REDUCTIONS ON ALL

I;

615 nnJ(

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W. T M-m
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Both Stores
111lii i 1111ii111 11111 III II iiiiiiiiM

DETROIT UNITED LINES
Ann Arbor and Jackson
TIME TABLE
(Eastern Standard Time)
Detroit Limited and Express Cars - 6:oo
a. i., 7:*0 a. in., 8:oo a. in., 9:oo a. m. and
hourly to g:oS p. im
Jackson Express Cars (local stops of Ann
Arbor), 9:47 a. in. and every two hours to
9:47 p. in.
Local Cars East Bound-5:S5 a.m., 7:oo a.
m. and every two hours to 9:00 p. in., i.oo
p. i. To Ypsilanti only-xti:4o p. in., 12:25
a. in., t15r a. Mn.
To Saline, change at Ypsilanti.
Local Cars West Bound-7o a. fi., 2:44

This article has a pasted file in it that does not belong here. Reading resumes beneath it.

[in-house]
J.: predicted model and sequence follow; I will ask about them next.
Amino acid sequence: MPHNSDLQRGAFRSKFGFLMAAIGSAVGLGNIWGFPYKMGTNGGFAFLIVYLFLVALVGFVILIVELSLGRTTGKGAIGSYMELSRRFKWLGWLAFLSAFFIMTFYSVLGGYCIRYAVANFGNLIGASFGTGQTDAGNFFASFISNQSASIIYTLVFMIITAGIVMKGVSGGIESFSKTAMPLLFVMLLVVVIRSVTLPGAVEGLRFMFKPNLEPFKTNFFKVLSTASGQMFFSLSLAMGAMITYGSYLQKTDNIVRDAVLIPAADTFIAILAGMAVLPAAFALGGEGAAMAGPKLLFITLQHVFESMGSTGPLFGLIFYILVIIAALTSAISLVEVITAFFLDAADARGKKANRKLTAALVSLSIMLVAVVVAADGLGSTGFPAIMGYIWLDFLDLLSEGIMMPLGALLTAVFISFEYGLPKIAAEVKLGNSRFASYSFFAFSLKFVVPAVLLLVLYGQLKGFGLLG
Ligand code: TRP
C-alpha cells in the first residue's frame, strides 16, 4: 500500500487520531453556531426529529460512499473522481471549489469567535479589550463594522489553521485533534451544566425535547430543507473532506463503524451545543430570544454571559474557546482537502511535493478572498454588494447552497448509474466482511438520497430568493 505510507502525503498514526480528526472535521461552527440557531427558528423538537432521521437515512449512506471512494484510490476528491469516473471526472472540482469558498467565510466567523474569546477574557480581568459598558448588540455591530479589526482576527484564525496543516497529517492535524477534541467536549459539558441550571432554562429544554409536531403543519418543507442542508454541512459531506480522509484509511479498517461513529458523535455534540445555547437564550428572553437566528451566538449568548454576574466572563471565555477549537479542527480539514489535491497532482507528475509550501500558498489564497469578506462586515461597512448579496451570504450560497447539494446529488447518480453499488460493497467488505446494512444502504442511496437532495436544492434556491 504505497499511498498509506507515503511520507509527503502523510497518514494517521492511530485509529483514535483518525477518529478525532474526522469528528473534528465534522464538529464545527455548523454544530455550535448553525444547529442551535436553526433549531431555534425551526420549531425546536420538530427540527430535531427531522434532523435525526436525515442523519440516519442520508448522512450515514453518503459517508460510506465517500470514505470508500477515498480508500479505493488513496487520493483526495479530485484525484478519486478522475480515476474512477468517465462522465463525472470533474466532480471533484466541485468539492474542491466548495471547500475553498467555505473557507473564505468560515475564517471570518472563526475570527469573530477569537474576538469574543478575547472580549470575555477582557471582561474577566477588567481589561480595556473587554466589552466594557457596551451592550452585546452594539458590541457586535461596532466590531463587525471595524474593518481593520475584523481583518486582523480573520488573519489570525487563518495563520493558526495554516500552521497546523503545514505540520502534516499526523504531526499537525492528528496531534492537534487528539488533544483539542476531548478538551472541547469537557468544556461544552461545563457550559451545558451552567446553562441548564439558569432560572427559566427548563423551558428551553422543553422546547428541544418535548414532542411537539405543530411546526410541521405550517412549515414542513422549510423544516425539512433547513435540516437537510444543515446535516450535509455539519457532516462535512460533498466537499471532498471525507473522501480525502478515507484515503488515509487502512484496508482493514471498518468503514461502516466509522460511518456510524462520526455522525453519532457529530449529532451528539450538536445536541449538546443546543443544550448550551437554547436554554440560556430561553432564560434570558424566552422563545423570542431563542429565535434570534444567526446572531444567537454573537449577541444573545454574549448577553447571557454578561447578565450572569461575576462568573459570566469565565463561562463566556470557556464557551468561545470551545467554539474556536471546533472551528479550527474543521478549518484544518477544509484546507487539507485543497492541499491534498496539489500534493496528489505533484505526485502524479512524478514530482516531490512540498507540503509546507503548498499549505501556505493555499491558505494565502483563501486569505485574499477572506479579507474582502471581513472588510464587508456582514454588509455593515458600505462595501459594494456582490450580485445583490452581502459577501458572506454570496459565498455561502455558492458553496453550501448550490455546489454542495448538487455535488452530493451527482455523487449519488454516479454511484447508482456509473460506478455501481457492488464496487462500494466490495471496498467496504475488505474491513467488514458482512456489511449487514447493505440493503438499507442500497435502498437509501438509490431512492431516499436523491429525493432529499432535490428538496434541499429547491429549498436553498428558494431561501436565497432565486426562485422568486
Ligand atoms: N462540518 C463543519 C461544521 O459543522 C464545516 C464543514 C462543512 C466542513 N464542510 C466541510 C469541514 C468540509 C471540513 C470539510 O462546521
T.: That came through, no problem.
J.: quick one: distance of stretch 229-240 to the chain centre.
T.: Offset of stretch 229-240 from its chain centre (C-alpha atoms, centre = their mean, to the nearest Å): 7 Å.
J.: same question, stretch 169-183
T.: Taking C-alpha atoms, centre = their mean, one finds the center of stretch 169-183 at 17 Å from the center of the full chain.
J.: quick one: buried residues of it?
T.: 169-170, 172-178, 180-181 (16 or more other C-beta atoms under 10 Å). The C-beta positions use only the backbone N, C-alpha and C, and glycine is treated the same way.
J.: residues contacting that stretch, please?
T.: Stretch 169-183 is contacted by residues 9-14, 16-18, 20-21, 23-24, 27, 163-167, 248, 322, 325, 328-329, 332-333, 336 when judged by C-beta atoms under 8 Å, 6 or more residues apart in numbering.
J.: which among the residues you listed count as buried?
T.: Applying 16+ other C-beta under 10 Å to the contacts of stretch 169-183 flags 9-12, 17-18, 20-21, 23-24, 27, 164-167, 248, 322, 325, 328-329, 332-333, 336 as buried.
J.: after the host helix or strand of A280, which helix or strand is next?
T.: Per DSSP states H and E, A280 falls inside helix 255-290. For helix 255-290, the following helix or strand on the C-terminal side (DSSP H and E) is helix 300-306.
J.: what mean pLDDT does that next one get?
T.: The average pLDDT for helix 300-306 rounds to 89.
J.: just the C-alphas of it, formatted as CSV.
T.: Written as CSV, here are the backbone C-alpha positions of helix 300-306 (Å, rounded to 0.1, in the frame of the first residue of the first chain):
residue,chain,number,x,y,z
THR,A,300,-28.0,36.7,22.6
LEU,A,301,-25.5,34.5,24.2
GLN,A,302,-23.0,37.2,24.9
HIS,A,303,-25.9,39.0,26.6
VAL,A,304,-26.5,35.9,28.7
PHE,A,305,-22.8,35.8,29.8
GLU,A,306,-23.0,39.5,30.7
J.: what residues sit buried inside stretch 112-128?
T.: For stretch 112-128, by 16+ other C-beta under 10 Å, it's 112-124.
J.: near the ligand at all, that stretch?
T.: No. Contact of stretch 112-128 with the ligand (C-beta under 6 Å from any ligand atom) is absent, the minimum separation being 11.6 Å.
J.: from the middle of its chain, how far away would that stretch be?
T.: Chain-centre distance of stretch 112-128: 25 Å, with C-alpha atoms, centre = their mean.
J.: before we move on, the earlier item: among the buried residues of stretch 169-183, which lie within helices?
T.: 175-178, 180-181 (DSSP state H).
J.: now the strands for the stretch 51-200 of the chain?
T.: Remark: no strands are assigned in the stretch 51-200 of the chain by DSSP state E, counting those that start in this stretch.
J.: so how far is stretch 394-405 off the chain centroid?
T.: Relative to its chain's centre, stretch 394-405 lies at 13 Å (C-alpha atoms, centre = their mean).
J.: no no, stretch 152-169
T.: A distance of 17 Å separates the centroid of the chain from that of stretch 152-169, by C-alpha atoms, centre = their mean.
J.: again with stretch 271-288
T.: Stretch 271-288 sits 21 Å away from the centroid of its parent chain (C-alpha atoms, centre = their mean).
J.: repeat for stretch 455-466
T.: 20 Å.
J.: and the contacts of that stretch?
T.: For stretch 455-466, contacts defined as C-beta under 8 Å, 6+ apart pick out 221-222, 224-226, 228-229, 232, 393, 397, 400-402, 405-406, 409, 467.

p ToJackson and Kalamazoo-Limited cars:
8:47, 10:47, a. in., 12:47, 2.47, 4:47.
To Jackson and Lansing - Limited: 8:47
p. in.
1922 JANUARY 1922
'S XT W T F S
1 2 3 4 5 6 7
8 9 10 11 12 13 14
15 16 17 18 19 20 21
22 23 24 25 86 27 28
29 30 31
NOTICE TO MEN
We do all kinds of high-class Rat
work at pre-war prices. Hats turned
inside out, with all new trimmings,
are as good as nEw.
FACTORY HAT STORE
617 PACKARD STREET
Telephone 1792

Daily Want Ads Pav.-Adv.
Try a Daily Want Ad. It pays.-Adv.

Something for sale? A Classified
Ad in The Daily will find a buyer.-
Adv.

ALL MEN'S WINTER
SHOES AND OXFORDS

OFF

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STUDENTS LUNCH

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108 SOUTH MAIN STREET

409 EAST JEFFERSON

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OPEN 6:30 A. M.
TILL 11:00 P. M.

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Headquarters for
Dance andI

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ORDER FROM